In women, some types of chemotherapy and radiotherapy can cause varying degrees of damage to the normal functioning of the ovaries. In some cases this leads to menopause (change of life) earlier than expected. In men, sperm production can be impaired for a while but the production of new sperm may become normal again in the future. There are some options for preserving your fertility, if necessary, while you are having treatment for leukaemia. These are described below.
Protecting your fertility – men
Sperm banking is a relatively simple procedure whereby the man donates semen, which is then stored at a very low temperature (cryopreserved), with the intention of using it to achieve a pregnancy in the future. You should discuss sperm banking with your doctor before starting any treatment that might impact on your fertility. In some cases however, people are not suitable for sperm banking when they are first diagnosed because they are too ill and therefore unable to produce the sperm in sufficient quantity or quality.
If possible, semen should be donated on more than one occasion. It is important to realise that there are many factors that can affect the quality and quantity of sperm collected in a semen donation and its viability after it is thawed out. There is no guarantee that you and your partner will be able to achieve a pregnancy and healthy newborn in the future. You should raise any concerns you have with your doctor who can best advise you on your fertility options.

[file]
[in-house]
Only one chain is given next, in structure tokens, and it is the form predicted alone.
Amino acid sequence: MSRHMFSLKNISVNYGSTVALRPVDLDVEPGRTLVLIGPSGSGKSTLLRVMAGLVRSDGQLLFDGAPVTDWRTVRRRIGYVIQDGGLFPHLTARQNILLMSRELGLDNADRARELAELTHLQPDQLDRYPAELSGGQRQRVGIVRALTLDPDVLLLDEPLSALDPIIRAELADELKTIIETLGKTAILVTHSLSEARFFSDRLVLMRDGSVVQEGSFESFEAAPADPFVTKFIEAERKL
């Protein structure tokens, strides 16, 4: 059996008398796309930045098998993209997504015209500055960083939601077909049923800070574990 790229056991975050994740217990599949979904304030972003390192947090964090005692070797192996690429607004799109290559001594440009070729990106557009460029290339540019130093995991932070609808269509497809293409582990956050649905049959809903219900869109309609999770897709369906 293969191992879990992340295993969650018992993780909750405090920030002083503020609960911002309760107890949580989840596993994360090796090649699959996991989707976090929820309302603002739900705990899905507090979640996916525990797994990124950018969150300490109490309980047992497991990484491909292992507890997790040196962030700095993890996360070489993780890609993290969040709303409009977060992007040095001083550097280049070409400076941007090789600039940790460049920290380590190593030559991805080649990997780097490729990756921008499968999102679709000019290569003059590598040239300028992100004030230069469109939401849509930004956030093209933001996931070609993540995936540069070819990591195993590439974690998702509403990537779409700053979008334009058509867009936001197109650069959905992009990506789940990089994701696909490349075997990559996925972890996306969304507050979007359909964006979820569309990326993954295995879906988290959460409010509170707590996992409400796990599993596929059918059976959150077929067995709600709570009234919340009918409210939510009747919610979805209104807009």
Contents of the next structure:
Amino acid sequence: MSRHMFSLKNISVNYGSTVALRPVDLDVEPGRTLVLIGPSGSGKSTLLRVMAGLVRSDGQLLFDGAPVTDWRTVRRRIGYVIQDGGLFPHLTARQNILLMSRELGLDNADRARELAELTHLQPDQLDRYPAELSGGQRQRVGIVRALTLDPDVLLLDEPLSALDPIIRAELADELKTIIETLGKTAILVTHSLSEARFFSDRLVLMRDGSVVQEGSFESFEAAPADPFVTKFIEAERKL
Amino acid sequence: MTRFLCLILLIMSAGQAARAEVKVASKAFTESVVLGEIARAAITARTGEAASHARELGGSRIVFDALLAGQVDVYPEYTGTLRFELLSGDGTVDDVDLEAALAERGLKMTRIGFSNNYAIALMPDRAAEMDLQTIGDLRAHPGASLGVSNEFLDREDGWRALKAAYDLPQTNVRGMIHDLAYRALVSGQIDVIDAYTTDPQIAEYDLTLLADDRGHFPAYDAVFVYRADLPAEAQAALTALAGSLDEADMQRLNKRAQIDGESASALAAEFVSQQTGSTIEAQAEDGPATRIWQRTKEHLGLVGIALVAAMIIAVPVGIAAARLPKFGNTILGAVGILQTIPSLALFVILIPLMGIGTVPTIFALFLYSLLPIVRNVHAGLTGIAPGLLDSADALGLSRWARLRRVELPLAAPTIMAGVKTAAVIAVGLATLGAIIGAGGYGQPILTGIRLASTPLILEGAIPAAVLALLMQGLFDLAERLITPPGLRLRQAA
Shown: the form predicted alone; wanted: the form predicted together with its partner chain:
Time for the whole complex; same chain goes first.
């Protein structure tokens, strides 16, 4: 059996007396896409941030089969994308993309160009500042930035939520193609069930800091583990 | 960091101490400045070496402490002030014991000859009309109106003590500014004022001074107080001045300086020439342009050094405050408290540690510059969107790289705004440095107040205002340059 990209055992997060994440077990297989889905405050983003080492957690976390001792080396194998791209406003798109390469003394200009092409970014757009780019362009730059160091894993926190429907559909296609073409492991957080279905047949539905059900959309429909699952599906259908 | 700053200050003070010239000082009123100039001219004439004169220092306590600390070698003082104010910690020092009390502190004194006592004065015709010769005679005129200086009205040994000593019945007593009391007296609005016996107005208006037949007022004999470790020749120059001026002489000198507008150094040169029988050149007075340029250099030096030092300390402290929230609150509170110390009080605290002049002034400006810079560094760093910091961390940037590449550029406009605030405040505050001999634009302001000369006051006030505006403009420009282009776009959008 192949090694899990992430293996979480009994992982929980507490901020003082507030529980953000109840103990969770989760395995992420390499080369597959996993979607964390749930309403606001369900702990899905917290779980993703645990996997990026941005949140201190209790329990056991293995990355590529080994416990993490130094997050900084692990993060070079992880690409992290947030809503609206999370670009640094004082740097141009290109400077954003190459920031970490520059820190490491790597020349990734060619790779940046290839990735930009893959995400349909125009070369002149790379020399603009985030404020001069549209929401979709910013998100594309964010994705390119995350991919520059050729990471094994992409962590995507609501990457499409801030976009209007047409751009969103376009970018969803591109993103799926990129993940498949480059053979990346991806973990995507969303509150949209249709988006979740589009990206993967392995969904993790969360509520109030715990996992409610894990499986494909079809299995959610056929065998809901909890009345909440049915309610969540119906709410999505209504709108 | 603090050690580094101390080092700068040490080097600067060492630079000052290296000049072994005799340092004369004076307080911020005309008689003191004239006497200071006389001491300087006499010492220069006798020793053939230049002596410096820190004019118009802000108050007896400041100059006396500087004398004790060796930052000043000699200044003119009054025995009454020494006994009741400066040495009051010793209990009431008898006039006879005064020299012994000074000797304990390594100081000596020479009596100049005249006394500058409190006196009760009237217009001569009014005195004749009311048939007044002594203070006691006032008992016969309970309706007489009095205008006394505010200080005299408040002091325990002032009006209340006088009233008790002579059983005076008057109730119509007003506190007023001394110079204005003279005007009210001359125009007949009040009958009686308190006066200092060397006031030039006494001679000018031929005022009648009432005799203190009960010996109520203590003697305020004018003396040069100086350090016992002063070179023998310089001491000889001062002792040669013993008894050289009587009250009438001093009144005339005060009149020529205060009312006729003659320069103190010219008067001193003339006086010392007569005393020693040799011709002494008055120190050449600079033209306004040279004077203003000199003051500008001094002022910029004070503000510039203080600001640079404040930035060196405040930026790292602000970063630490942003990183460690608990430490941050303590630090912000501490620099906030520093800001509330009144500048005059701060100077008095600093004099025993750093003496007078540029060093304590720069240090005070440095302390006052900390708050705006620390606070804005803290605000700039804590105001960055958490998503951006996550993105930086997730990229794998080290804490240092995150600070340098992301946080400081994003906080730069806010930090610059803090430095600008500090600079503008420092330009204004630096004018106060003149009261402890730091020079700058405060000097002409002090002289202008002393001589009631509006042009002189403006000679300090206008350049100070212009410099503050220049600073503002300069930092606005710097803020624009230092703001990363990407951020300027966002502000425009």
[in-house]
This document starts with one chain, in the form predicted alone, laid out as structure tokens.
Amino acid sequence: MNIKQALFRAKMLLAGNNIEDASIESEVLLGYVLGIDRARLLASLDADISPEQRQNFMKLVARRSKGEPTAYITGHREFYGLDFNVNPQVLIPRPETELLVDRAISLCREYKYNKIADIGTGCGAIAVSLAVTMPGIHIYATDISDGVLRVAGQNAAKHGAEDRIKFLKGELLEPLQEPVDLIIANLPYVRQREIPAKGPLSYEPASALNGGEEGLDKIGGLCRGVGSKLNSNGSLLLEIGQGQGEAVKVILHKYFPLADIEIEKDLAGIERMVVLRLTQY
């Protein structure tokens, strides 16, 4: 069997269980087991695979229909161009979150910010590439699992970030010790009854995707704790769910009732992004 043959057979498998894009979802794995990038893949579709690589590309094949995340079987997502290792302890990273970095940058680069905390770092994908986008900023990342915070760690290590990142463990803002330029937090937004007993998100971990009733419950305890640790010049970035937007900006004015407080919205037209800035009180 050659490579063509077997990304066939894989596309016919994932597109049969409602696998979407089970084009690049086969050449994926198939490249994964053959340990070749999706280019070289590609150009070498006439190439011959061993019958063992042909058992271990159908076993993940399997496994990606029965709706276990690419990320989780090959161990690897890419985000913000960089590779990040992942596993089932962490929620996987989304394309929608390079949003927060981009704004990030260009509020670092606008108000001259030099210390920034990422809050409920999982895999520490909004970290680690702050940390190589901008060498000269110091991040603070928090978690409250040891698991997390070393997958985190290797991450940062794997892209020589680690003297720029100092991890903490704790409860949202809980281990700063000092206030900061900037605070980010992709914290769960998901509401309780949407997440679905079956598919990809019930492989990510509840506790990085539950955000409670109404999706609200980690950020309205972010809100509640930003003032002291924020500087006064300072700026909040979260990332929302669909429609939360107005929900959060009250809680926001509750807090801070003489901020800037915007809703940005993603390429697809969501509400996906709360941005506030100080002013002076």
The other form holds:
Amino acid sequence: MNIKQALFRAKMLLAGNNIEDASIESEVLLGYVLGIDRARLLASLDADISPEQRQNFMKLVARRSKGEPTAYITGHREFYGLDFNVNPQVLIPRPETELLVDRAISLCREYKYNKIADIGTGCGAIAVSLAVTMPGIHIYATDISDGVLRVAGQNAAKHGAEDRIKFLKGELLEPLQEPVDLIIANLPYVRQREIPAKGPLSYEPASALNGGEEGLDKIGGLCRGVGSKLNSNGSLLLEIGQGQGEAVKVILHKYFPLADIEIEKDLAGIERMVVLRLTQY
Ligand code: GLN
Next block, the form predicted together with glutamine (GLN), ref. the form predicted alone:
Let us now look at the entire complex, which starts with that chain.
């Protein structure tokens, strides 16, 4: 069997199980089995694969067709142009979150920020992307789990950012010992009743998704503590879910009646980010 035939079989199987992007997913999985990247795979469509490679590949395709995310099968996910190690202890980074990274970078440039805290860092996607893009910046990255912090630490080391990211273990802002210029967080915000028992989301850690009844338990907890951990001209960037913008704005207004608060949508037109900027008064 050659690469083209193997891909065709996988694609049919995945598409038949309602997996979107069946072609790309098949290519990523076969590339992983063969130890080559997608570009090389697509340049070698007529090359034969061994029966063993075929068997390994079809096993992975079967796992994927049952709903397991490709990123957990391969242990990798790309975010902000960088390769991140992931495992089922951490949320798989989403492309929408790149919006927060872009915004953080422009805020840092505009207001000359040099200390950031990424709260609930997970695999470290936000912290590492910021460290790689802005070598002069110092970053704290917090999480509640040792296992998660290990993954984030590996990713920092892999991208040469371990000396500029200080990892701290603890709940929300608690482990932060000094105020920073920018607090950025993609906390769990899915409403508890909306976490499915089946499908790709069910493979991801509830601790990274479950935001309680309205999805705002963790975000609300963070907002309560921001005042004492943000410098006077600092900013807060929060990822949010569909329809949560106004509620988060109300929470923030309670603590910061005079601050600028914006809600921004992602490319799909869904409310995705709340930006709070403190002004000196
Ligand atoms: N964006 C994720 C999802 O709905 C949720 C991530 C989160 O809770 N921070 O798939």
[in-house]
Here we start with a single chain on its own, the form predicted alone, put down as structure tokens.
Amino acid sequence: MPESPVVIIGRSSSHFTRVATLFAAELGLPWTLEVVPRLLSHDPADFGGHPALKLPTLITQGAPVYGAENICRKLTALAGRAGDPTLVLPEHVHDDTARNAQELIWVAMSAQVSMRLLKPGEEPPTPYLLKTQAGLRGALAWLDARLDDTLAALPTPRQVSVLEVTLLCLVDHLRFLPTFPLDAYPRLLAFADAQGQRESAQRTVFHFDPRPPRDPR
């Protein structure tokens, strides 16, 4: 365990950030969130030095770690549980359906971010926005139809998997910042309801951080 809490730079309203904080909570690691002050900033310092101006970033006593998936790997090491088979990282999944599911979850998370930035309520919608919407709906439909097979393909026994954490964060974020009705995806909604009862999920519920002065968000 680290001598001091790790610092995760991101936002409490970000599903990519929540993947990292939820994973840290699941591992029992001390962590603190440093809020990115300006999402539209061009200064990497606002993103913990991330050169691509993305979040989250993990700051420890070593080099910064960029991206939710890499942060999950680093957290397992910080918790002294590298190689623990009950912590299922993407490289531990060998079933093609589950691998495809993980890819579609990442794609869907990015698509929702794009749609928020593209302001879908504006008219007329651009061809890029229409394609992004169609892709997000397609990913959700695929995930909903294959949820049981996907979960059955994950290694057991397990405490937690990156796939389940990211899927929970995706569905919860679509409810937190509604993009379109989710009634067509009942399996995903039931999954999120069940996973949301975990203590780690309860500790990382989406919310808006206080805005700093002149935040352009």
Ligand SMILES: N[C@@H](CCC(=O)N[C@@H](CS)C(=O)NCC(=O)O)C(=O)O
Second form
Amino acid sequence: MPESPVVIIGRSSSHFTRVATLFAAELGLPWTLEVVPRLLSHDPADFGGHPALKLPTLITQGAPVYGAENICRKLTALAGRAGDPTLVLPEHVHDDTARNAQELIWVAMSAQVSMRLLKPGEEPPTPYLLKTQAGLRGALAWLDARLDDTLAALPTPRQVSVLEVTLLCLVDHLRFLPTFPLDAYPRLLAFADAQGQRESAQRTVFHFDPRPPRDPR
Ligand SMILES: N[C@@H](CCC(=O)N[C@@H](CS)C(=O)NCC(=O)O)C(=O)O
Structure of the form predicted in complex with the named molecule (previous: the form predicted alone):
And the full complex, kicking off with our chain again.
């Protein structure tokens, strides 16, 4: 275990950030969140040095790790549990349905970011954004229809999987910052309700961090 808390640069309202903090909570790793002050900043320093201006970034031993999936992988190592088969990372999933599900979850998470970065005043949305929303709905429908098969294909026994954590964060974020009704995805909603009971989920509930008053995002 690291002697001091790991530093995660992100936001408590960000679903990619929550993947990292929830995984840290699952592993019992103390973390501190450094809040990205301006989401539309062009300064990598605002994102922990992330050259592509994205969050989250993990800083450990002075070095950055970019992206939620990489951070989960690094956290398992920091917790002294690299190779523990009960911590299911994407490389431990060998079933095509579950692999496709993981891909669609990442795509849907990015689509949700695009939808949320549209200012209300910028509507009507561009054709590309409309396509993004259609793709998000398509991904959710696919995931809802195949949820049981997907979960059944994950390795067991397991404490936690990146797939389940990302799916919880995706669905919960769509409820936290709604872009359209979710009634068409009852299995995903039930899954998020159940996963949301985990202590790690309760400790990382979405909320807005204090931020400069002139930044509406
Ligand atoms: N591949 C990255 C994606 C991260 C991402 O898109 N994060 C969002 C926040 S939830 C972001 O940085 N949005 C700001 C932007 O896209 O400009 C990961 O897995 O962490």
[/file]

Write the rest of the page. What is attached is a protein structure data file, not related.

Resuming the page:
Protecting your fertility – women
There are several approaches that may be used to protect a woman’s fertility.
- Embryo storage – this involves collecting your eggs, usually after having drugs to stimulate your ovaries to produce a number of eggs, so that more than one egg can be collected. This process takes some time. Once they are collected they are then fertilised with your partner’s sperm and stored to be used at a later date. Your unfertilised eggs can also be collected and stored in a similar manner (egg storage).
- Ovarian tissue storage – this is still a fairly new approach to protecting your fertility. It involves the removal and storage, at a very low temperature of some ovarian tissue (cryopreservation). It is hoped that at a later date the eggs contained in this tissue can be matured, fertilised and used to achieve a pregnancy.
To date, egg storage and ovarian tissue storage are techniques, which remain under investigation. They have not yet been proven to be successful in allowing women to bear children. The use of donor eggs might be another option for you and your partner. These eggs could be fertilised using your partner’s sperm and used in an attempt to achieve a pregnancy in the future.
It is important to understand that the methods are still quite experimental and for many reasons achieving a pregnancy and subsequently a baby is not guaranteed by using any of them. Some are time consuming and costly while others may simply not be acceptable to you or your partner. In addition, because of the need to start treatment without delay and the problems associated with the leukaemia itself it is often not possible to collect eggs or ovarian tissue prior to the first cycle of chemotherapy.Last updated on June 19th, 2019
Developed by the Leukaemia Foundation in consultation with people living with a blood cancer, Leukaemia Foundation support staff, haematology nursing staff and/or Australian clinical haematologists. This content is provided for information purposes only and we urge you to always seek advice from a registered health care professional for diagnosis, treatment and answers to your medical questions, including the suitability of a particular therapy, service, product or treatment in your circumstances. The Leukaemia Foundation shall not bear any liability for any person relying on the materials contained on this website.